Kirk, there is a reasonable number of people earning a large part, or all, of their living doing real estate photography, and not only in the major markets or with mansions. In fact, most of it is shooting routine mid-range properties, where hiring a real architectural photographer would be overkill. As commonly practiced, real estate photography is not architectural photography, although these genres share the same subject matter. Some of the techniques and visual conventions are the same, but the compositional and lighting requirements tend to be different for mainstream real estate photography, compared with most architectural photography. True, most real estate agents are not willing to pay anywhere near standard architectural photography rates.  However, they tend to be a lot less demanding in terms of image quality than architects and art directors. So, photographers don't need to spend as much time per job, or use as much expensive equipment, as they would for architectural photography. Real estate photography is therefore typically more of a volume business. Although the pay per job tends to be relatively low for real estate photography, if you hook up with a very active listing agent, that tends to result in a fairly reliable stream of business, which has some advantages, especially in tough economic times. Also, some of these kinds of agents use the listing photos, not only to market a listing itself, but also as way to market themselves; consequently, these agents will tend to be more interested in image quality than most of their competitors, and to be willing to pay more for that quality, even for routine homes, although these will more likely be in the more desirable areas of the better performing metro markets.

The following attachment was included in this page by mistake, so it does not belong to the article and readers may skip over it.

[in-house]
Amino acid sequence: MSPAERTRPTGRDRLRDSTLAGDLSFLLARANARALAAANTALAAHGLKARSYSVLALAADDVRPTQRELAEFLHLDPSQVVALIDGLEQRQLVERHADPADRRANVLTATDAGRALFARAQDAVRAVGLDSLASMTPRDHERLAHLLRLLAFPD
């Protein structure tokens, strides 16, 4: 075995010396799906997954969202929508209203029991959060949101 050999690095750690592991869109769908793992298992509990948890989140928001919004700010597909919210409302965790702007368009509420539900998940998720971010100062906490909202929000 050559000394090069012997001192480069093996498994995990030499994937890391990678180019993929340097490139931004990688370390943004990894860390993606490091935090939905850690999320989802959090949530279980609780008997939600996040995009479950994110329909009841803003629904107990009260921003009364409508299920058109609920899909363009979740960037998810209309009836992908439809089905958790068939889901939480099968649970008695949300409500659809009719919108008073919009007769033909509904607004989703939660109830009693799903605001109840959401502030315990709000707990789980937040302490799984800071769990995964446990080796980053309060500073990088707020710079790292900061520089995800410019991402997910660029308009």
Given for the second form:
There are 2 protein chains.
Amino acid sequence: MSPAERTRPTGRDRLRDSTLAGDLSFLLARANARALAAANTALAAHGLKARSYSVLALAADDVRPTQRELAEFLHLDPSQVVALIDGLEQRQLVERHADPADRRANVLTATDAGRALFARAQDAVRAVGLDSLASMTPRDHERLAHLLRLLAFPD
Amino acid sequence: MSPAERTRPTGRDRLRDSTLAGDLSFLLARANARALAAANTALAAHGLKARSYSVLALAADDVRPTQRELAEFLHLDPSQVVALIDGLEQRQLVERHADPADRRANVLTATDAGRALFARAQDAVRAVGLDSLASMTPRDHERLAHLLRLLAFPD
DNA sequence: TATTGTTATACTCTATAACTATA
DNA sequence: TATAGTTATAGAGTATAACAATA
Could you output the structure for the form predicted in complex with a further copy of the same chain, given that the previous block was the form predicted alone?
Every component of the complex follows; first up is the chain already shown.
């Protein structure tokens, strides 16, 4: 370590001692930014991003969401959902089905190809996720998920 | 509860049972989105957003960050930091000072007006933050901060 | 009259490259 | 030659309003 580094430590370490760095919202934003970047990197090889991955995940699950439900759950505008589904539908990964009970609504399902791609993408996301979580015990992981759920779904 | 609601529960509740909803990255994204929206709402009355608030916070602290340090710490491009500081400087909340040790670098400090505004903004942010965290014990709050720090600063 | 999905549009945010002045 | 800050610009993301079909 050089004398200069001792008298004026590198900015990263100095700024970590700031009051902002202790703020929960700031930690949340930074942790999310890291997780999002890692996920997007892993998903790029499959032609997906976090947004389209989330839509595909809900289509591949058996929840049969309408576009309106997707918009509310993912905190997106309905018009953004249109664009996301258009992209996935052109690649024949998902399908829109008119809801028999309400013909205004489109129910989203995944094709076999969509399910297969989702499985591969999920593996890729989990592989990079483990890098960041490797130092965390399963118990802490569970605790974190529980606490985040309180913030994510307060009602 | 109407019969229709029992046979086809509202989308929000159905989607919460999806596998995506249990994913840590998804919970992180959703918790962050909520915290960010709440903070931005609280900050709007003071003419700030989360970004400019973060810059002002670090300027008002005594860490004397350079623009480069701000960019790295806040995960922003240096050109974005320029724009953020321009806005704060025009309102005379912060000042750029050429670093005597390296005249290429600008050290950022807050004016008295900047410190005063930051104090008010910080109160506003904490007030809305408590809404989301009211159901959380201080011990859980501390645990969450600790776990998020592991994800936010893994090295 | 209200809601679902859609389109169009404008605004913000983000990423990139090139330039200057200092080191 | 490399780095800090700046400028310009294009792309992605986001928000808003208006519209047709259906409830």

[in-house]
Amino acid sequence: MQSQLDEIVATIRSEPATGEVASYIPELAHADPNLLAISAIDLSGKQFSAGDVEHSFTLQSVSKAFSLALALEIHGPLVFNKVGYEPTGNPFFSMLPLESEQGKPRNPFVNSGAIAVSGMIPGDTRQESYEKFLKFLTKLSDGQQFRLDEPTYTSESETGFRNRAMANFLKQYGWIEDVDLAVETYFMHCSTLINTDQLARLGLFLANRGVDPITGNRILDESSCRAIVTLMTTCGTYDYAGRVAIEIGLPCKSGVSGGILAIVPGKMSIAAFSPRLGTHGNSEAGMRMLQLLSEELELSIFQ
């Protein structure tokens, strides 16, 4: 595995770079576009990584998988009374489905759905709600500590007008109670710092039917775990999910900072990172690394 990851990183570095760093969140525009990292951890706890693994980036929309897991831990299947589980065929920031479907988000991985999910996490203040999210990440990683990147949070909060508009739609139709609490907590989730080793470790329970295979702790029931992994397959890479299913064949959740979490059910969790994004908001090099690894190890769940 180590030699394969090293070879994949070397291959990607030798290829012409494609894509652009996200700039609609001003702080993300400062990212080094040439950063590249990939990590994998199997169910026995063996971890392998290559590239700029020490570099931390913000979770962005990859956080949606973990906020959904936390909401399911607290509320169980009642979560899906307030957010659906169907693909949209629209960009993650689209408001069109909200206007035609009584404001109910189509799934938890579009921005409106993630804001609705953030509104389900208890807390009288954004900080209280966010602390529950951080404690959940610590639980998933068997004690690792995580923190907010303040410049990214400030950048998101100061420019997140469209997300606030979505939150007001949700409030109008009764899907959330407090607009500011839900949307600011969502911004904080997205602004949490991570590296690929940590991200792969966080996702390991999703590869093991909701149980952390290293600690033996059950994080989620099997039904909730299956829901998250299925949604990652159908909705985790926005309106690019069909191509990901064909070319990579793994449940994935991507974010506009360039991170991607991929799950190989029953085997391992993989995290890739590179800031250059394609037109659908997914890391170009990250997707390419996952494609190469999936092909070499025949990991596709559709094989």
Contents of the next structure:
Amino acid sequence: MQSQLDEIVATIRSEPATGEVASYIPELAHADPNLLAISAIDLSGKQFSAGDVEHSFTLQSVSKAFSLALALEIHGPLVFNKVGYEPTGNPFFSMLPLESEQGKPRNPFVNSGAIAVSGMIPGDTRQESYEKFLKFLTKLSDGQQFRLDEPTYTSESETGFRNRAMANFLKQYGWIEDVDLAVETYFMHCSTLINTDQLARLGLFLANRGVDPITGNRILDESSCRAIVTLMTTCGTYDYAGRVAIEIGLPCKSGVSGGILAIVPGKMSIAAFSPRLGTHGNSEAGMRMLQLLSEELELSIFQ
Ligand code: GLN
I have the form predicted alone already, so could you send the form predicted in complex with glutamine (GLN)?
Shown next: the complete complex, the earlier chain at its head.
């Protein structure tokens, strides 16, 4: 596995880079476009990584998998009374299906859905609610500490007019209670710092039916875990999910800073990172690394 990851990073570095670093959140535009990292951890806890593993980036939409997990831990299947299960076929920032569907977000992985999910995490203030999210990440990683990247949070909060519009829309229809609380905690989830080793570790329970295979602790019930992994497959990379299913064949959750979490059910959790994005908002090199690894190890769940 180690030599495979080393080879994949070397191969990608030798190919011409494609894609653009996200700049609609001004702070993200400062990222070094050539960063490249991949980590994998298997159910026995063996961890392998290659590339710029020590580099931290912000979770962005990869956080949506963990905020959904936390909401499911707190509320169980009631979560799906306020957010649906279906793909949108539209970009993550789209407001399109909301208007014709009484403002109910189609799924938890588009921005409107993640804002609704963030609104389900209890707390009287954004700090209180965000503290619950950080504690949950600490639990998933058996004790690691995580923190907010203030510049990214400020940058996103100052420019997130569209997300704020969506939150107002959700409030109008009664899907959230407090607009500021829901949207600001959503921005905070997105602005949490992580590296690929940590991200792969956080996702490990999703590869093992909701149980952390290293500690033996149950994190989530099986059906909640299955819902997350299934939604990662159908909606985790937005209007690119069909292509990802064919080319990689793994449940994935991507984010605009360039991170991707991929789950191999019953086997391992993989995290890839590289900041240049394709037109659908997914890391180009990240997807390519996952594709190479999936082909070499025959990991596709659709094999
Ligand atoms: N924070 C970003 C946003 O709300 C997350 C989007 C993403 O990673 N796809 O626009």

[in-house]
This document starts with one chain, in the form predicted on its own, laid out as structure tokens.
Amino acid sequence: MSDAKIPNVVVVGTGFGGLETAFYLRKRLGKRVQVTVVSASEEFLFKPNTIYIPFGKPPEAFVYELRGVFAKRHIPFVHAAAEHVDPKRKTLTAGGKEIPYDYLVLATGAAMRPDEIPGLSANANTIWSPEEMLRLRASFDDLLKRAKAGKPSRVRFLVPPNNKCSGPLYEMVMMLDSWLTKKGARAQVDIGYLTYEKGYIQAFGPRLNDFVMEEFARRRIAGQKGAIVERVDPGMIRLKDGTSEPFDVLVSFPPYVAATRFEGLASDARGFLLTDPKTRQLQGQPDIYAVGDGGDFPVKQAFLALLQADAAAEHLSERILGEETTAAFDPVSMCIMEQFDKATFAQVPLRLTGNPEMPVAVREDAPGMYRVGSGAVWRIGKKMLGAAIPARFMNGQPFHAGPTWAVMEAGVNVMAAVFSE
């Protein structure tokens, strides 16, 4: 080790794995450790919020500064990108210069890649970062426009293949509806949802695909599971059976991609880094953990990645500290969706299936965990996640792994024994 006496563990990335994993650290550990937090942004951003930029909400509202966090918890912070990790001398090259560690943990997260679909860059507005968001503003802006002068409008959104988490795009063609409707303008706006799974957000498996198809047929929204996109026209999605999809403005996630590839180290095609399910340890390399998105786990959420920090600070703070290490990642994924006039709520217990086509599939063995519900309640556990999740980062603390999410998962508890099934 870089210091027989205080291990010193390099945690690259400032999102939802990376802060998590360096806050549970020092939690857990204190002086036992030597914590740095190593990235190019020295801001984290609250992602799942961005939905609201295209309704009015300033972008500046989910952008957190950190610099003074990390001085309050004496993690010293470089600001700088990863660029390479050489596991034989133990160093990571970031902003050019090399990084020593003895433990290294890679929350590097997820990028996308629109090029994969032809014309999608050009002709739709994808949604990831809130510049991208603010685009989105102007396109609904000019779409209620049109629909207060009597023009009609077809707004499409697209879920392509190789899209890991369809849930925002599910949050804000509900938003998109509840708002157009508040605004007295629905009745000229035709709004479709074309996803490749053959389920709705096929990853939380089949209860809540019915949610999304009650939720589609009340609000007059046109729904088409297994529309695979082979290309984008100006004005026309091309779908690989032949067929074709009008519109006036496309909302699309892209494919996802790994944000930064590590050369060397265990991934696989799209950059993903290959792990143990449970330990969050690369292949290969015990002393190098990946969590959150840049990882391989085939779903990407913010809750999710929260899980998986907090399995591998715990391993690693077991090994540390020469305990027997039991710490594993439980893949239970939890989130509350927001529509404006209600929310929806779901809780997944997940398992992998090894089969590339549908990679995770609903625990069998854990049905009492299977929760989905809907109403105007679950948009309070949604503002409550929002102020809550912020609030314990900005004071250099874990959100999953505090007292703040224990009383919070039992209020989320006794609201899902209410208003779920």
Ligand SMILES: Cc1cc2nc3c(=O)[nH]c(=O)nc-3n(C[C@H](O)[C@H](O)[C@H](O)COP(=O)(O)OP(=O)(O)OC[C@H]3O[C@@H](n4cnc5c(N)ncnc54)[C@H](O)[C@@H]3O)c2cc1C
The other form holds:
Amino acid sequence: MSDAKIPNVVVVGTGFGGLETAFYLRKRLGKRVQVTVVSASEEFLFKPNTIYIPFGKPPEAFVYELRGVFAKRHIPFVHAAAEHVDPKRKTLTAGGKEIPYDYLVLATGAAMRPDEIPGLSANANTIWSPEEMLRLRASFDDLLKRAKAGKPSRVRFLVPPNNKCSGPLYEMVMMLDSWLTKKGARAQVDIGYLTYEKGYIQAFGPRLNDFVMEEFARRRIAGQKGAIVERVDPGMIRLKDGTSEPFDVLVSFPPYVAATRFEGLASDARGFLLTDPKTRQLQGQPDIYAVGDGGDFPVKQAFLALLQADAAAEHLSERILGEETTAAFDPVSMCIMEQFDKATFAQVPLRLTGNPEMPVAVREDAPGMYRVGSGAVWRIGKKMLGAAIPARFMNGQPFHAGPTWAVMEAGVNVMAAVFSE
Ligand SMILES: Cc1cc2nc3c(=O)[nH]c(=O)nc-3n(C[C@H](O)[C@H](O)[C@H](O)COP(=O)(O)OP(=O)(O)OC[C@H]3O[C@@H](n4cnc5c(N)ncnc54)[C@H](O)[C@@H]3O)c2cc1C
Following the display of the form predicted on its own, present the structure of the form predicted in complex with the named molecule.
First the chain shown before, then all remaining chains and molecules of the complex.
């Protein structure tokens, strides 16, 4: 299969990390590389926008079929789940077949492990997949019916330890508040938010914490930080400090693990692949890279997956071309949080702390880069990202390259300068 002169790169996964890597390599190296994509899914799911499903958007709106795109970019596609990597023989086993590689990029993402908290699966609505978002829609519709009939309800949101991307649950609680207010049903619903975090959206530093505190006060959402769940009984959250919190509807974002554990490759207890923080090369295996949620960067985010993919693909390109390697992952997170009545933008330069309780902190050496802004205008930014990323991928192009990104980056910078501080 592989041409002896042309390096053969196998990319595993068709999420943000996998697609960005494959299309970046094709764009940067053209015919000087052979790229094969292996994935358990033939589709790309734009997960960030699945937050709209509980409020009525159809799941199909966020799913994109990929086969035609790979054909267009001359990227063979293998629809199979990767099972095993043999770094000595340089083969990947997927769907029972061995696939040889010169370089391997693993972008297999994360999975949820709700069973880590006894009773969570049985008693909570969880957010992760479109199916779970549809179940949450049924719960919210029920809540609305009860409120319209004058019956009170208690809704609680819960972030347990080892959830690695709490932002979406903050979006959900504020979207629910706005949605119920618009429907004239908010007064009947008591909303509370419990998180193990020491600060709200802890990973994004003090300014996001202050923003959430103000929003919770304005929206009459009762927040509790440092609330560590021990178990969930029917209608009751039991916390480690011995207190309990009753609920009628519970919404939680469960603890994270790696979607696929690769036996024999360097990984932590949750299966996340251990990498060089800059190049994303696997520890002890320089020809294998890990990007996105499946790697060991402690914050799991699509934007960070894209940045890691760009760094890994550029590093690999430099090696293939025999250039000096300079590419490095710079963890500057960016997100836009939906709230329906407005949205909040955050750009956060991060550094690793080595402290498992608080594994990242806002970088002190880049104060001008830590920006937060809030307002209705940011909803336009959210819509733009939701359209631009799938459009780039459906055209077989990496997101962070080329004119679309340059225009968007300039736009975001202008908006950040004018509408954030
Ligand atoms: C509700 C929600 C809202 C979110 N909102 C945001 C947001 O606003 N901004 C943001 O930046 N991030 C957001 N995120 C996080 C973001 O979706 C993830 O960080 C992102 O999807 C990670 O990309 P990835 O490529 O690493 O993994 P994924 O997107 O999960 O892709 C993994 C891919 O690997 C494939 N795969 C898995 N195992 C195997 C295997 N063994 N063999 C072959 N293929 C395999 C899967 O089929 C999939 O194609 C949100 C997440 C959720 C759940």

« Last Edit: May 27, 2011, 05:04:31 PM by David Eichler » Logged

Graham Mitchell
Sr. Member
****
Offline Offline

Posts: 2282



WWW
« Reply #4 on: May 29, 2011, 05:45:41 AM »
ReplyReply

I have a friend in Australia who told me he is grossing $2m a year, mostly in real estate photography. He has five photographers working for him. It's a big market but not appealing to most of us I suppose as it is to photography what McDonalds is to haute cuisine.
Logged

Graham Mitchell - www.graham-mitchell.com
JoeKitchen
Sr. Member
****
Offline Offline

Posts: 728



« Reply #5 on: May 29, 2011, 09:24:54 AM »
ReplyReply

Once again we are making long term decisions off of short term problems.  Recessions happen, but so do recoveries, which we are in right now.  As for all of the high end work?  Two things are going on (in my market anyway: architecture and interiors).  Many of the existing projects have already been shot, and, since there was such a long hiatus in building, many of the projects that need to be shot are just now going into construction.  Also, many of the clients who respect photography and are willing to pay for great work do not have the budgets and are not commissioning any photography.  This is creating a void that is being filled by cheap people. 

Personally I am finding there is a lot of pent up demand out there for good photography, and most of the people I am meeting with feel my rates (which are not cheap) are fine, just they have nothing to shoot right now.  You need to stop throwing pity parties for yourself and start meeting people.  Create the connections now so when the market returns you will be in the front of the line.